Study Tracks Success of High School Valedictorians
Educators finds top students are not 'mold breakers' in later life
THEY are the shining stars of their high schools -- seniors whose top academic standing has earned them the title of valedictorian. As they lead classmates in graduation exercises this month and next, they appear to hold the promise of lifelong success.
But what happens after their valedictory addresses are forgotten and their classes disperse? Will they continue to excel in college and careers?
The answer is a qualified yes, according to the findings of Karen Arnold, a researcher who has conducted the first-ever study of high school valedictorians. In 14 years of following 81 valedictorians -- 46 women and 35 men -- from the Class of 1981 in Illinois high schools, Dr. Arnold found that they continued to be at the top of their college classes. Yet few appear headed for the same heights in their chosen careers.
''They're not mold-breakers,'' says Arnold, an assistant professor of higher education at Boston College and a visiting scholar at Radcliffe College in Cambridge, Mass. ''They're just the best of the mainstream people. They're quite successful, personally and professionally, but they've never been devoted to a single area in which they put all their passion.''
What most surprised Arnold and her co-researcher, Terry Denny, now professor emeritus at the University of Illinois, were glaring gender differences. By their sophomore year in college, women valedictorians began to lower their intellectual estimation of themselves and their career aspirations. A number left male-dominated majors -- science and medicine -- for more traditionally female fields such as physical therapy and education. ''They were getting very good grades,'' Arnold explains, ''but already they were concerned about combining a high-level career and motherhood, even though most didn't even have a boyfriend then.''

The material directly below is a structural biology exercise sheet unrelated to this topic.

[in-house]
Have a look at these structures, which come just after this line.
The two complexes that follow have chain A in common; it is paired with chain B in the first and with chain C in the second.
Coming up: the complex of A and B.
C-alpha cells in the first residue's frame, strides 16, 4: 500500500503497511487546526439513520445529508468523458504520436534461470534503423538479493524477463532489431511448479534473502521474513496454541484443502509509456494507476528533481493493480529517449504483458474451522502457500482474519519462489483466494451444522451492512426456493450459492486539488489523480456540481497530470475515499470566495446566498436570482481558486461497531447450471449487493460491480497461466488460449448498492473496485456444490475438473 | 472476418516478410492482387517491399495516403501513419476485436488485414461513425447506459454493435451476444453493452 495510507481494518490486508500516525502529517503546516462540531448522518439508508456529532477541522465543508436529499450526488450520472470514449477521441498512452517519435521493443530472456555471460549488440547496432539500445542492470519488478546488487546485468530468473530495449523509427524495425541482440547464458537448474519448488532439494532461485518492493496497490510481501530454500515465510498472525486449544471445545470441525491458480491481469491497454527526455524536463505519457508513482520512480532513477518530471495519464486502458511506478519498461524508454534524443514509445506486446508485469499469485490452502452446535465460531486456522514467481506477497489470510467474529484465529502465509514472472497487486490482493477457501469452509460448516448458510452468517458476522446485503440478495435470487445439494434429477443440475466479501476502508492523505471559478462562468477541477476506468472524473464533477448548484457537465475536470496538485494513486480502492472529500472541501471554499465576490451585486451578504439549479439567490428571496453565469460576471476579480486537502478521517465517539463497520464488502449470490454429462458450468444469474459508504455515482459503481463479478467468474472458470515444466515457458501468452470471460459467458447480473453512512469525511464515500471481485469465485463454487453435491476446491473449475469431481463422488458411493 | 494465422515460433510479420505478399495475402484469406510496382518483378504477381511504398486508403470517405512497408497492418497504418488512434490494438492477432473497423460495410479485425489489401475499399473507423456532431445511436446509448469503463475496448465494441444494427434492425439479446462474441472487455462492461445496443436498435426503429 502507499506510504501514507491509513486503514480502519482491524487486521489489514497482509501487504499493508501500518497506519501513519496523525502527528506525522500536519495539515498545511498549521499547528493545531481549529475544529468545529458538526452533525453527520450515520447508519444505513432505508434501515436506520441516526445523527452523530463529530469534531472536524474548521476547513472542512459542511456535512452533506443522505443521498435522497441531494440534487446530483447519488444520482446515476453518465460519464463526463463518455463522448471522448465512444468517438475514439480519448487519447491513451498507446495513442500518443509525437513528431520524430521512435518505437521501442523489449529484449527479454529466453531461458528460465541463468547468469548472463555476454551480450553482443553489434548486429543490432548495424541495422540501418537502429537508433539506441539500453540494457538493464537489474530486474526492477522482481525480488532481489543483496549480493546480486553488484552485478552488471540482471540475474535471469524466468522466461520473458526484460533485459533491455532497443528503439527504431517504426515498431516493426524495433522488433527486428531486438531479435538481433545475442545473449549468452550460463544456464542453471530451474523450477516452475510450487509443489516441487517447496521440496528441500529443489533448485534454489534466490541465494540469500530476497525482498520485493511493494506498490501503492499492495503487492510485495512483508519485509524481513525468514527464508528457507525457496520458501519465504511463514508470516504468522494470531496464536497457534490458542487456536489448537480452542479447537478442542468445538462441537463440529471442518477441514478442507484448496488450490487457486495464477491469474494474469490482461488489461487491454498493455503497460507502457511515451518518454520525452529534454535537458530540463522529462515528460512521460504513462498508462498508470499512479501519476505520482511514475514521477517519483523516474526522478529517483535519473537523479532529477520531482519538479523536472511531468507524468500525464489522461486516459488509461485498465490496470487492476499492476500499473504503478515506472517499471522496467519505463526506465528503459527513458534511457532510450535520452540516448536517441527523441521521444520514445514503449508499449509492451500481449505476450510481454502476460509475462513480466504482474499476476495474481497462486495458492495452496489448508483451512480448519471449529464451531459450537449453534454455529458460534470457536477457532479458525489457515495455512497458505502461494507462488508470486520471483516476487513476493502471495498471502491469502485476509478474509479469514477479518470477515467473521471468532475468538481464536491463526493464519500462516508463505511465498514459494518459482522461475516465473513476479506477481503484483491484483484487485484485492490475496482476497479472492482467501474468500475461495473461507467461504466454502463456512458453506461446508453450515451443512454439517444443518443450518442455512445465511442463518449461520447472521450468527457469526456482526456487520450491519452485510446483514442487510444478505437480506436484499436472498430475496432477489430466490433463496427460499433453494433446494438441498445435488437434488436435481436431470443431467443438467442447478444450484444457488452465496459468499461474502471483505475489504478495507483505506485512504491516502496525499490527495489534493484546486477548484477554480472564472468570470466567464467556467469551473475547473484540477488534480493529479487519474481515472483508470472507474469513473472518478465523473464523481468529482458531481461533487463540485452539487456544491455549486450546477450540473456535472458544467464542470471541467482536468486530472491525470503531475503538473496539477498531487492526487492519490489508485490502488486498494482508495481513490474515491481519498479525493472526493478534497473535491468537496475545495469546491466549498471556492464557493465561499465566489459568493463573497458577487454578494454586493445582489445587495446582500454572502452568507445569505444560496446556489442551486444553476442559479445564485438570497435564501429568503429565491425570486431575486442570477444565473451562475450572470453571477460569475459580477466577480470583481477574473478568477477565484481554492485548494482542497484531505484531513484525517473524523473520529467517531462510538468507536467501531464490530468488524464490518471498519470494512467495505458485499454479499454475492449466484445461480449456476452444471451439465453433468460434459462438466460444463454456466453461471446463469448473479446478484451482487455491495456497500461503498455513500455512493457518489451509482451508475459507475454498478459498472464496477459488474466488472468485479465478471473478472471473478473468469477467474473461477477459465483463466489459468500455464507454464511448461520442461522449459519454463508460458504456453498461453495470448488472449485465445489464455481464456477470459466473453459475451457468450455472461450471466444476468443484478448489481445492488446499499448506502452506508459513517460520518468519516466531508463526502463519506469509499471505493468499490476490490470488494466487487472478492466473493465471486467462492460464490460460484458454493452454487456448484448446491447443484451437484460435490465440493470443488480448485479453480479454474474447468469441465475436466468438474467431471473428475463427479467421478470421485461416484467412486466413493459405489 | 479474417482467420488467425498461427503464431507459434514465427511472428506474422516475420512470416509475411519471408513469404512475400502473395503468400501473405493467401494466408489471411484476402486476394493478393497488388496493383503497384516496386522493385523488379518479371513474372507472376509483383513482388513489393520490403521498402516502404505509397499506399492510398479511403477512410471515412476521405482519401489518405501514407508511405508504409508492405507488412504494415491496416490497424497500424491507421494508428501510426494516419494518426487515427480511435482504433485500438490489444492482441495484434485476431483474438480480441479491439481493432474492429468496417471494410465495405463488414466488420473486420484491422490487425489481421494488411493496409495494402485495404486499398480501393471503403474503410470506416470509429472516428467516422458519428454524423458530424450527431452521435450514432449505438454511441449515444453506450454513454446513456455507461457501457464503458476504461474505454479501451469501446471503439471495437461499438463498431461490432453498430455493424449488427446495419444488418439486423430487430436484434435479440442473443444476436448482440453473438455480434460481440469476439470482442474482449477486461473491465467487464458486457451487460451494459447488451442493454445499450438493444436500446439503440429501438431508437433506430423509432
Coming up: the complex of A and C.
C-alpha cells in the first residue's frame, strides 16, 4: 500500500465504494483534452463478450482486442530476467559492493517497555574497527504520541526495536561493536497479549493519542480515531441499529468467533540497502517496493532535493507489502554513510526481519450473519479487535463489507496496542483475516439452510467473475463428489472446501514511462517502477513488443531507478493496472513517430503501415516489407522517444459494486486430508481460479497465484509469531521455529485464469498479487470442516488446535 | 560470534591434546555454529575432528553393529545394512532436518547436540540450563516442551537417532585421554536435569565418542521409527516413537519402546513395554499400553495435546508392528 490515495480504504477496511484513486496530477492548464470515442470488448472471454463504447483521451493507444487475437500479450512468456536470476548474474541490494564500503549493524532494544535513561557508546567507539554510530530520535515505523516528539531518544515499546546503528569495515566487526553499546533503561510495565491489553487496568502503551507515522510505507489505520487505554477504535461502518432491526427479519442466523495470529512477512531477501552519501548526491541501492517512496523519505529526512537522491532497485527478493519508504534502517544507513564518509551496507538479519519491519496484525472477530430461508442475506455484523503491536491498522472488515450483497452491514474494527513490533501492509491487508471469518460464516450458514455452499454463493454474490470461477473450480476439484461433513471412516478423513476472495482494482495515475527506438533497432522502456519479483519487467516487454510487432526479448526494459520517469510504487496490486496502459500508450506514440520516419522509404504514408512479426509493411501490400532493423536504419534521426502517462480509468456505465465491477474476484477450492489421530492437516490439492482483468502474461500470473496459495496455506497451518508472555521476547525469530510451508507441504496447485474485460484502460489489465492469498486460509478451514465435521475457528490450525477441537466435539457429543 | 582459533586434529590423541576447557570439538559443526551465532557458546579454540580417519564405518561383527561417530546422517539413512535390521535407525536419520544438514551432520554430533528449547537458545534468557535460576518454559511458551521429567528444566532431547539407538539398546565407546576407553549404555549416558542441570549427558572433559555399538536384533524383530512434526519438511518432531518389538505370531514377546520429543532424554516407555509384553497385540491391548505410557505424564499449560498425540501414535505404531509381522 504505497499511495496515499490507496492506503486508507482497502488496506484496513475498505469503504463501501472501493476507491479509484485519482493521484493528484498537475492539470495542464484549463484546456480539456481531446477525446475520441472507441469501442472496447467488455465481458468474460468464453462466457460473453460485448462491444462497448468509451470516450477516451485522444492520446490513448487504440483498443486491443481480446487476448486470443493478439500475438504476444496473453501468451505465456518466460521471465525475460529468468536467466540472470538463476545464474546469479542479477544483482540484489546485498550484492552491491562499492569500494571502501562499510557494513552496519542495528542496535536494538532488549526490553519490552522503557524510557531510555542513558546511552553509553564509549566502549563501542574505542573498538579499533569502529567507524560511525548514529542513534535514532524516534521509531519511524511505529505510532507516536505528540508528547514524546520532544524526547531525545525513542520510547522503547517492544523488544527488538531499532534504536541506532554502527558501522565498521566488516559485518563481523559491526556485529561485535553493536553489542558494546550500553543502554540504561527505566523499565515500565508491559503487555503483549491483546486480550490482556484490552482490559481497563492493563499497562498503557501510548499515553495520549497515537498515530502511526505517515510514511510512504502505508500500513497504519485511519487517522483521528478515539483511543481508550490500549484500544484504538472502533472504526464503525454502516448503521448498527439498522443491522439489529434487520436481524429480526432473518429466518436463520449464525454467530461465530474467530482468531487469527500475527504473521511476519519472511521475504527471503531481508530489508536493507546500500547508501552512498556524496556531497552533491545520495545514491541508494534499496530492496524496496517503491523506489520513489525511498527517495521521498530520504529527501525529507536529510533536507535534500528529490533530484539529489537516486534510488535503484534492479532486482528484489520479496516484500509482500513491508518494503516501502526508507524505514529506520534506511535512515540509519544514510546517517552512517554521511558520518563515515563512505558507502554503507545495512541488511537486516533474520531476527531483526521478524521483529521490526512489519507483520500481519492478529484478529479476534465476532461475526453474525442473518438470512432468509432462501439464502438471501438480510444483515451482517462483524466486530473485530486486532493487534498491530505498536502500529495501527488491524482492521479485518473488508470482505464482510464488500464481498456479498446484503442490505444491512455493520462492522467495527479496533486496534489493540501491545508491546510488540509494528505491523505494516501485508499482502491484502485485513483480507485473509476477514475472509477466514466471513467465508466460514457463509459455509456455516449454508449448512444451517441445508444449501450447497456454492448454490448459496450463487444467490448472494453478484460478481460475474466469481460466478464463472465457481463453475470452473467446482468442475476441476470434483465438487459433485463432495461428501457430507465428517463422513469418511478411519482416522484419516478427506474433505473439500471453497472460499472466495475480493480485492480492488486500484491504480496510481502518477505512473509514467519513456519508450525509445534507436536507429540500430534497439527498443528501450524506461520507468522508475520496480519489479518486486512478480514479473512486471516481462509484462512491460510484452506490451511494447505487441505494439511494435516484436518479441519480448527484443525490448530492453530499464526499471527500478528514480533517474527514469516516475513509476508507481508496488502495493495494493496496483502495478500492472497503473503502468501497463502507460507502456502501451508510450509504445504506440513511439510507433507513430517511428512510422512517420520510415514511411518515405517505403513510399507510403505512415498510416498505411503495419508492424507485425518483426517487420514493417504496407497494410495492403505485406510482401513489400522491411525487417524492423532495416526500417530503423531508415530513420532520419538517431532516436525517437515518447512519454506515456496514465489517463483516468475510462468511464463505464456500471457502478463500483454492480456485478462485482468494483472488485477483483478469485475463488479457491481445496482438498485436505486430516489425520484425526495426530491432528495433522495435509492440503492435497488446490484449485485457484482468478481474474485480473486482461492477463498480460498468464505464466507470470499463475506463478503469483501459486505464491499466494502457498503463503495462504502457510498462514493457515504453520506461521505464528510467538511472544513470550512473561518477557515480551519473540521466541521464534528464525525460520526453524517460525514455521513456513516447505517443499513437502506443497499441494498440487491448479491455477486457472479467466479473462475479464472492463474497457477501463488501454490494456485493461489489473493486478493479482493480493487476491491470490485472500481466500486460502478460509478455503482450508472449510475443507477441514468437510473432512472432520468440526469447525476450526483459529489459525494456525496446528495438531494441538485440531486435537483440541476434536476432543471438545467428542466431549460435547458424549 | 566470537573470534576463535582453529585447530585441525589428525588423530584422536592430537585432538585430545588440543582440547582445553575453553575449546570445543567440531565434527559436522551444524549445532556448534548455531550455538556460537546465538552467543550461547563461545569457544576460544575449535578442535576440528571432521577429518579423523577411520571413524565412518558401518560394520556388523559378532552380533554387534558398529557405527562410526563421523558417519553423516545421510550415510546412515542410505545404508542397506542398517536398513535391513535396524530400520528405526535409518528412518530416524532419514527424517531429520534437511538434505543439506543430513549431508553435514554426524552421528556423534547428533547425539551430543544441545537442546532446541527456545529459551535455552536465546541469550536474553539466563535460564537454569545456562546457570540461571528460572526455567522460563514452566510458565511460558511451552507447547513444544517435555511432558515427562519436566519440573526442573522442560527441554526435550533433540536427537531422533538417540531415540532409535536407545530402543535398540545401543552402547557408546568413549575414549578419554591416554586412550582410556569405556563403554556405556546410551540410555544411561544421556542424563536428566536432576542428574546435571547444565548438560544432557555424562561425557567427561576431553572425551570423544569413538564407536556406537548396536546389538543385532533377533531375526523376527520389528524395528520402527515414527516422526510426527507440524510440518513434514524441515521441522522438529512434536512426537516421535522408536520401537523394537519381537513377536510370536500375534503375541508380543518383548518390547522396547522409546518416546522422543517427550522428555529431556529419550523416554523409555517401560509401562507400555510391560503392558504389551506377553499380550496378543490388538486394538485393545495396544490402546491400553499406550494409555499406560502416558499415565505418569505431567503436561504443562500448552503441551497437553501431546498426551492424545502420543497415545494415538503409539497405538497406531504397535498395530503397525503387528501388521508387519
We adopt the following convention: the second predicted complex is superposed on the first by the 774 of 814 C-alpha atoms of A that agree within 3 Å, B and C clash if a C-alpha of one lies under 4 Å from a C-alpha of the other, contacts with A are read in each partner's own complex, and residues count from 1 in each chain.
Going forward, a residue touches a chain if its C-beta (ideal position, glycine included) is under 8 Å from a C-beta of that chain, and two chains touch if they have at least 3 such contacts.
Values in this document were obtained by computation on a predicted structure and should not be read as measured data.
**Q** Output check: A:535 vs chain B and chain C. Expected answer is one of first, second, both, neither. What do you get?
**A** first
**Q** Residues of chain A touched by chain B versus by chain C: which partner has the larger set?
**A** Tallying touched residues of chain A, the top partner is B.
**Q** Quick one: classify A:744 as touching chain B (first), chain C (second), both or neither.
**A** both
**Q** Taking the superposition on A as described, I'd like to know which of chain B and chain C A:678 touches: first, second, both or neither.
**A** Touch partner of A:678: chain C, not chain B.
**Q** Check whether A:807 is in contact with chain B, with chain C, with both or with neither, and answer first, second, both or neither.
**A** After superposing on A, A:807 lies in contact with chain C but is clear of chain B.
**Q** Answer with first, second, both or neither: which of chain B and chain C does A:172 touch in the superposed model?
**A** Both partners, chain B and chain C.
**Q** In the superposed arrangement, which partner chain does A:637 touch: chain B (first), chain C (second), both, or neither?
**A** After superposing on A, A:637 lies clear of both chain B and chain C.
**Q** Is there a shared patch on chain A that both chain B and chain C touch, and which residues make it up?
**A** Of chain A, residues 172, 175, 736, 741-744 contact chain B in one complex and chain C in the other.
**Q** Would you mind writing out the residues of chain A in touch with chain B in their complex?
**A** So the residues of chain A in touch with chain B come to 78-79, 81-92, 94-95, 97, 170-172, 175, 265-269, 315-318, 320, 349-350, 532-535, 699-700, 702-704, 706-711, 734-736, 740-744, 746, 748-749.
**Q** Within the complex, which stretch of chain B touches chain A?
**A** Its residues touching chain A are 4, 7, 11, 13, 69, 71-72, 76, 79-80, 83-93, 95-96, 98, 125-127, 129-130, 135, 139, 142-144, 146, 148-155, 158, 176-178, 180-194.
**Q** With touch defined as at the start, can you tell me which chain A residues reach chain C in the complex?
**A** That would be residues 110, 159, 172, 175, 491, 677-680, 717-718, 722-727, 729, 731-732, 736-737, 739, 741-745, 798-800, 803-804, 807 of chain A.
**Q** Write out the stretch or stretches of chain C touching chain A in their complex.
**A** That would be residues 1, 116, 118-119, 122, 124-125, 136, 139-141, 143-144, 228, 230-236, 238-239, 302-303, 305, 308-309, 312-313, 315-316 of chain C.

That conflict between career and family forces college women to face what she calls ''a whole extra stage of career development in which they ask themselves, 'What kind of career do I want, and how will it fit into my life?' Men skip that stage and just aim for the highest level they can.''
A second surprise for Arnold and Dr. Denny involved the lack of mentoring the valedictorians received from faculty members. ''These days, people feel like the gifted can take care of themselves,'' Arnold says. ''What the valedictorians could do for themselves was get A's. That didn't mean they could translate academic achievement into career achievement. With role models and clear expectations about a career, men somehow figured it out. But with no role models and all this muddle about career and family, many women didn't.''
Similarly, almost all minority students faced obstacles. ''It was disheartening how marginalized they were in their universities,'' says Arnold. ''They were excluded from the circles in which you discover how to plan and implement a high-level career.''
Arnold sees faculty members serving a ''connecting function'' for these students. One valedictorian, an agronomy major, had earned almost straight A's in college and planned to work for a seed company after graduation. ''Her professor said, 'What graduate school are you going to?' She hadn't even thought of it. He encouraged her to go, and she ended up writing a wonderful thesis and publishing it.''
Today these valedictorians, now 32 years old, are building careers as accountants, physicians, professors, lawyers, engineers, physical therapists, nurses, and teachers. One is an architect; another a farmer. Four never finished college. Five women, two with master's degrees and two with PhDs, are out of the labor force, rearing children. But as Arnold observes, ''These women have lots of years to work. They still may have very distinguished careers.''
In their personal lives, valedictorians appear very well-adjusted. Two-thirds are married. Only three are divorced, all of whom married before the age of 21.
The valedictorians came overwhelmingly from what Arnold describes as ''very healthy, functional, two-parent families.'' Most parents had high expectations but didn't push their children.
Arnold's findings, to be published this summer in ''Lives of Promise: What Becomes of High School Valedictorians'' (Jossey-Bass), offer encouraging implications for other students.
''Some valedictorians are brilliant, but by no means all,'' she says. The most important factors for academic success are perseverance and focus rather than IQ.
''Americans tend to attribute achievement to innate ability, while Asians attribute it to hard work,'' Arnold says. ''This study would say that sustained hard work is the way to achieve. You need to be bright as well, but hard work and persistence do pay off, especially in the long run.''